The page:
There are greater barriers between people than geography and language. Ideology has been one of the most significant. The twentieth century saw tremendous wars, both hotly and coldly contested, that pitted peoples of vastly different ideologies against one another. Totalitarianism warred against free nations in the First and Second World Wars. Democracy versus Communism lay at the heart of the Korean Conflict, the War in Vietnam, and the many dangerous episodes of the Cold War. The century closed in clashes between terrorists and those who love freedom. Our century began with the same conflict turning to eerie violence in the skies over New York, Washington, and Pennsylvania. While these divisions seem intractable, there is occasional evidence of unexpected capitulation.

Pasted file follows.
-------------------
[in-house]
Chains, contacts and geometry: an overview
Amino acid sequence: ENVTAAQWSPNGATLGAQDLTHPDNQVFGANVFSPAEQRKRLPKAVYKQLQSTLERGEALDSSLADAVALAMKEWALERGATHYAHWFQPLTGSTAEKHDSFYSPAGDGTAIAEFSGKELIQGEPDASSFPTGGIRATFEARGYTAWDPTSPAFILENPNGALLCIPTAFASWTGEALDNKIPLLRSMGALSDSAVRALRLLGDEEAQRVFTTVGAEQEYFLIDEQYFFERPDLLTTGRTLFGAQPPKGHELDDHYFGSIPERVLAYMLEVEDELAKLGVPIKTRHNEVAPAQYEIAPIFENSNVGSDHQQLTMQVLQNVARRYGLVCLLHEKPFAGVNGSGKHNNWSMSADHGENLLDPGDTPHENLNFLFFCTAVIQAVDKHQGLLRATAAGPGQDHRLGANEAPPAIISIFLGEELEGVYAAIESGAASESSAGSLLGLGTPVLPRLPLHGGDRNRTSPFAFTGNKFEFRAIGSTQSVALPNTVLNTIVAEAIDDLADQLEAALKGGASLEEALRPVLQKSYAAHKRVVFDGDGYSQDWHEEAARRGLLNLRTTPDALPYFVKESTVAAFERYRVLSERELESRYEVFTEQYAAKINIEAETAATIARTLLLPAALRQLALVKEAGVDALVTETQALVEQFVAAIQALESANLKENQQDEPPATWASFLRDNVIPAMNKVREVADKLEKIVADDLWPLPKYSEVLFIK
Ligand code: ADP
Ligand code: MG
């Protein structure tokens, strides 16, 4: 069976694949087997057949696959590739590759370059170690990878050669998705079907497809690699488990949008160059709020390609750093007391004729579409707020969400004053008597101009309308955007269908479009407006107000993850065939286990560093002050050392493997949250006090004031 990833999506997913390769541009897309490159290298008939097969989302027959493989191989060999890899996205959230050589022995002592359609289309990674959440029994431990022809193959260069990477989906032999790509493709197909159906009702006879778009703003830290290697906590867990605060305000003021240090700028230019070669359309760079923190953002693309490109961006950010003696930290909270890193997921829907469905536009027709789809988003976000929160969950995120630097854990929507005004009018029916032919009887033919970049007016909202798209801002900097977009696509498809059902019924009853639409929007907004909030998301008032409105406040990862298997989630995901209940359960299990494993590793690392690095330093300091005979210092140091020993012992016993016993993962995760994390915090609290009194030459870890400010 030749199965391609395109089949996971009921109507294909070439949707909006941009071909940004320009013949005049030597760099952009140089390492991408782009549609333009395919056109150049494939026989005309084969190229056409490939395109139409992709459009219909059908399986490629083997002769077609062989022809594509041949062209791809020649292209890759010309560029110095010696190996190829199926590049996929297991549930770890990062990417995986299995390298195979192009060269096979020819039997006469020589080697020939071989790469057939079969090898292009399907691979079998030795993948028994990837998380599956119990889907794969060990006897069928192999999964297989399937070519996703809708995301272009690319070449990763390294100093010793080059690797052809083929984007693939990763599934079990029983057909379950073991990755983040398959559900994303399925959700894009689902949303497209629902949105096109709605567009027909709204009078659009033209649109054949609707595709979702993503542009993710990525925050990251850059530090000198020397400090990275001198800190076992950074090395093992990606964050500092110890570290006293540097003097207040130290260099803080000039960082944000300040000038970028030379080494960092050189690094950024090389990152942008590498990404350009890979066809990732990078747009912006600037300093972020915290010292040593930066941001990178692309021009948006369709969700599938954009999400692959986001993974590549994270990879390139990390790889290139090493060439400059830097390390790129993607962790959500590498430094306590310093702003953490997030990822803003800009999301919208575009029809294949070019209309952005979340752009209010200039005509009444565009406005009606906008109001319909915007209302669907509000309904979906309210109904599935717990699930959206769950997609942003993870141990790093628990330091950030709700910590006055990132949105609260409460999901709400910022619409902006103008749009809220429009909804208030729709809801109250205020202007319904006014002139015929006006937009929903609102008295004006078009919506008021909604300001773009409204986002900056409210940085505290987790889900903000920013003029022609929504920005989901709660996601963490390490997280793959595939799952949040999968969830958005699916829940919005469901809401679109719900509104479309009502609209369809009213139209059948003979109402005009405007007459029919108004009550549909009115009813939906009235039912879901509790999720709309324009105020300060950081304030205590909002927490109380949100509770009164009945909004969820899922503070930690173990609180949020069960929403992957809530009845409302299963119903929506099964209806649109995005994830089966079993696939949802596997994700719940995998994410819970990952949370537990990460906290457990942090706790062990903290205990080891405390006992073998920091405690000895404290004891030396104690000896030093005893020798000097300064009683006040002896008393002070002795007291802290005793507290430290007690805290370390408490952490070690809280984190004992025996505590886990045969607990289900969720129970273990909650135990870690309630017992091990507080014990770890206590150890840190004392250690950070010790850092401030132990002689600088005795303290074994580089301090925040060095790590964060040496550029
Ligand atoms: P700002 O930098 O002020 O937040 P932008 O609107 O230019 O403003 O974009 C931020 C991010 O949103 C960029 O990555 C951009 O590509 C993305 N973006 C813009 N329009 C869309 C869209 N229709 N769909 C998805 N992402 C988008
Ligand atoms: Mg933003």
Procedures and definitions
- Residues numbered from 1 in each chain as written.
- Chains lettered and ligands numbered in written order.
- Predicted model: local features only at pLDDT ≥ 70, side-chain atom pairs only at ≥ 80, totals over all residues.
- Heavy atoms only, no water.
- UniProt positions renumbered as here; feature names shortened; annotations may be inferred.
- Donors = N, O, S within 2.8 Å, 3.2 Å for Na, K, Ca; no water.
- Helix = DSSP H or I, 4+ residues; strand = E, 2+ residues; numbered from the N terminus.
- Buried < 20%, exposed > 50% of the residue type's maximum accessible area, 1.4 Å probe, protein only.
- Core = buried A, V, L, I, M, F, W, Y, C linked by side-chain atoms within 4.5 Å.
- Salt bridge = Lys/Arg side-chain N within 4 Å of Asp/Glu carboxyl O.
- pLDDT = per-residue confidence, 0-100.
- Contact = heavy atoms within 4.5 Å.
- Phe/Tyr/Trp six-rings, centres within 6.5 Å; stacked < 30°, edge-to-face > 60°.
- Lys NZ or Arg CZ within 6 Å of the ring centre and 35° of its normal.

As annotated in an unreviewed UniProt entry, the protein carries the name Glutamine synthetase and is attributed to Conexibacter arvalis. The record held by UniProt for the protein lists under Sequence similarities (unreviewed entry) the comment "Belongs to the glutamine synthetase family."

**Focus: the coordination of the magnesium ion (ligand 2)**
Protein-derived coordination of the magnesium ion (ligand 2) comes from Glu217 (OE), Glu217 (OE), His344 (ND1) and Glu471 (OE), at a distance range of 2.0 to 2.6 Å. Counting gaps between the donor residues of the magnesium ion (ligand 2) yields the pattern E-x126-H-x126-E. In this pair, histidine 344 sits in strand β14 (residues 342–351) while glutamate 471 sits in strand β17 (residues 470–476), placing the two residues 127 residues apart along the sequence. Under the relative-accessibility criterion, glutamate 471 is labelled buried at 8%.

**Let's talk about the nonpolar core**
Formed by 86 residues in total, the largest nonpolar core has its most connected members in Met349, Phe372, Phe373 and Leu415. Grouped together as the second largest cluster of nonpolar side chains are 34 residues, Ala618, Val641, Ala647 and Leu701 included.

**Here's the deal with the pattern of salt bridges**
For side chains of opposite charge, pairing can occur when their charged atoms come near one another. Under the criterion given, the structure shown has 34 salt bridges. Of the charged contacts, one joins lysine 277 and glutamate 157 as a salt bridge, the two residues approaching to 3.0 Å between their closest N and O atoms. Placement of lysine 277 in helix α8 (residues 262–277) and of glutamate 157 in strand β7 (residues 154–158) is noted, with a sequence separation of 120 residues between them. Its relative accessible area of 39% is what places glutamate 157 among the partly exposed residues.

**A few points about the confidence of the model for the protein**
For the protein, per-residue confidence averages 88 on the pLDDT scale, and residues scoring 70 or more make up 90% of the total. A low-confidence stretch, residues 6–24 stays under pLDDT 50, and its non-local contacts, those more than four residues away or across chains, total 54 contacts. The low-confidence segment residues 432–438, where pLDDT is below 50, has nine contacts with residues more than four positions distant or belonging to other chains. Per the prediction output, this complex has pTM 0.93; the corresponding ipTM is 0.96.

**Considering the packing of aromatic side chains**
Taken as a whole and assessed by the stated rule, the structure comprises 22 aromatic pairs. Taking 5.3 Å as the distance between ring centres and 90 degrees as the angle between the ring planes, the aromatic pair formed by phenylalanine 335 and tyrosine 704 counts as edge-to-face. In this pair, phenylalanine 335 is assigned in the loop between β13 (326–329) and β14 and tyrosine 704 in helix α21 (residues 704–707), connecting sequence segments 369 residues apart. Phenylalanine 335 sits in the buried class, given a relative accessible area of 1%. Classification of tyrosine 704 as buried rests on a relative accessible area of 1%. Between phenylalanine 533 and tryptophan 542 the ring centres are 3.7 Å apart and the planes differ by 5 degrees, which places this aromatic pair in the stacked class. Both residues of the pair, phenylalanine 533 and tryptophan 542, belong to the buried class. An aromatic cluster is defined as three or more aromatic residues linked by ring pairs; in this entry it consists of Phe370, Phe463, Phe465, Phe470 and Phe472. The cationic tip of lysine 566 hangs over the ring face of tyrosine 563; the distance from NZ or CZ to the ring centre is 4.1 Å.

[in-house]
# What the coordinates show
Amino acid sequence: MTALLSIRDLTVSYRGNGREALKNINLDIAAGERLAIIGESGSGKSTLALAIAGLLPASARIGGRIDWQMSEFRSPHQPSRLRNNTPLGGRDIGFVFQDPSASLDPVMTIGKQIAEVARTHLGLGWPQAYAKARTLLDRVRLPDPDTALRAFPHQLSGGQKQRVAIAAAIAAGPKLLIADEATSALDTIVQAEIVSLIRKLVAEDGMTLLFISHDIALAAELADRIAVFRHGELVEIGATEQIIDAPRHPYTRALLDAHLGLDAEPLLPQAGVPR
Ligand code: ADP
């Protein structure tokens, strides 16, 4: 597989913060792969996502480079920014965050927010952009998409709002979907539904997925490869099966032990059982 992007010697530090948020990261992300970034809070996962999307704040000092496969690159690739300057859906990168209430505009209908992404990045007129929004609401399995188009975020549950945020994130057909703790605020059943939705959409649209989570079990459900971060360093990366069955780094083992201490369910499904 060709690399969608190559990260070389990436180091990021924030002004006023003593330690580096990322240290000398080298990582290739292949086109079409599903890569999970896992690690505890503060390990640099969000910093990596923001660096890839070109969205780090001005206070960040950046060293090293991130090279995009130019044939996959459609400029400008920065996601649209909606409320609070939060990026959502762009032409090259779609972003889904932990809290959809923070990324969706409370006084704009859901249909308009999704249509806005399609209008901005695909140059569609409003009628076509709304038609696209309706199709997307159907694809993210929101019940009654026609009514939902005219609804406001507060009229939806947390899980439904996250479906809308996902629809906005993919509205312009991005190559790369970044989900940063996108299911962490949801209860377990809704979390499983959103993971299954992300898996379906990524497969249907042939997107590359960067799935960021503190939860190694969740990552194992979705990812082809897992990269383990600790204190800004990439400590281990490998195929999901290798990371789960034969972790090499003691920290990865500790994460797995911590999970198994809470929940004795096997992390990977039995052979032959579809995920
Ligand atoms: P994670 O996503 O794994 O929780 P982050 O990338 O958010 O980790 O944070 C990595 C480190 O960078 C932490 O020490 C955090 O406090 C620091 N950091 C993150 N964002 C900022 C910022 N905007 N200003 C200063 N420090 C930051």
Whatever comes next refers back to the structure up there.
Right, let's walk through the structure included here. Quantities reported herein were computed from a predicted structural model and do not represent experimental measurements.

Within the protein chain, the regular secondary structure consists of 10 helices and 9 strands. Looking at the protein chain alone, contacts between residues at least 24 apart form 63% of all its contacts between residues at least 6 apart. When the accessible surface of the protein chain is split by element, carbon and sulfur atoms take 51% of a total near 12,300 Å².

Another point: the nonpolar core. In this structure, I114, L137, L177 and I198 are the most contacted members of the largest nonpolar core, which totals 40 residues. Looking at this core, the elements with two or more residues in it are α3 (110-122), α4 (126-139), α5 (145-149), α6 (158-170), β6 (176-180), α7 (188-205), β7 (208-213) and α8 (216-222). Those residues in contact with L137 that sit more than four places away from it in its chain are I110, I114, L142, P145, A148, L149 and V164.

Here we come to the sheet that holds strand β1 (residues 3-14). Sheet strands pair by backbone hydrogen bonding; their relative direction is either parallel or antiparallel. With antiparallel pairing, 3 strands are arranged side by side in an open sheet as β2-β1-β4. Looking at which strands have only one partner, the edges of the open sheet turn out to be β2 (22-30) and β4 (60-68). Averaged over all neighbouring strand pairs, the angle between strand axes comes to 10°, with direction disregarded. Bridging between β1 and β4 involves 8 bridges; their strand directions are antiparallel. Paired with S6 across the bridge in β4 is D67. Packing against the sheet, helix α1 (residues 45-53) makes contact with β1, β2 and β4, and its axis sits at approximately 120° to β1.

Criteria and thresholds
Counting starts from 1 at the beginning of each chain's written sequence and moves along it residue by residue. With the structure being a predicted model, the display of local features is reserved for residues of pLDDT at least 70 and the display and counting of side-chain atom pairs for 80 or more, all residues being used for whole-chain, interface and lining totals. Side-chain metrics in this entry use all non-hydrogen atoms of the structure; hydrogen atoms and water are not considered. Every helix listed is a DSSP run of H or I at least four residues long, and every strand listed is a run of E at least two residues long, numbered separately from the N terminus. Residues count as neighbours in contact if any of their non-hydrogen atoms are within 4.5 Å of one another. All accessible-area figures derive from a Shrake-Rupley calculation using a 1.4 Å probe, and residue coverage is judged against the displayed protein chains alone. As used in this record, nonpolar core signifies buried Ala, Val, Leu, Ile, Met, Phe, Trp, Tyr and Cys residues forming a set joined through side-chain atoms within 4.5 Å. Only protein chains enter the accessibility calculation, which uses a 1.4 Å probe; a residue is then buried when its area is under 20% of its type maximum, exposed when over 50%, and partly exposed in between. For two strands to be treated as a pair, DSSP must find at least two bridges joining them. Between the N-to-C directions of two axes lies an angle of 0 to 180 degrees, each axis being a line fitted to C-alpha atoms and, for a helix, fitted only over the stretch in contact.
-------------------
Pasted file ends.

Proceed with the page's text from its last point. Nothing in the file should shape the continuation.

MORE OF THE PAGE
It would not be difficult to list many additional kinds of barriers that keep people from understanding one another, especially on a more local scale: anger between spouses, mistrust between parents and children, festering grievances between colleagues, disappointment between friends, impatience with those of another generation, or unkind words spoken between neighbors. Each kind of division could be explored in detail simply by telling the stories of one's own life or by noting the behaviors of those around us. God created us for community and fellowship; it is the human condition to drift apart at the slightest provocation. Like an arctic ice-bank, individual pieces break off and drift away in the cold, becoming alone and distant. An observant preacher once asked this question: "How large is the iceberg with which you are ignoring me?"  God seeks to melt the ice that can arise between us.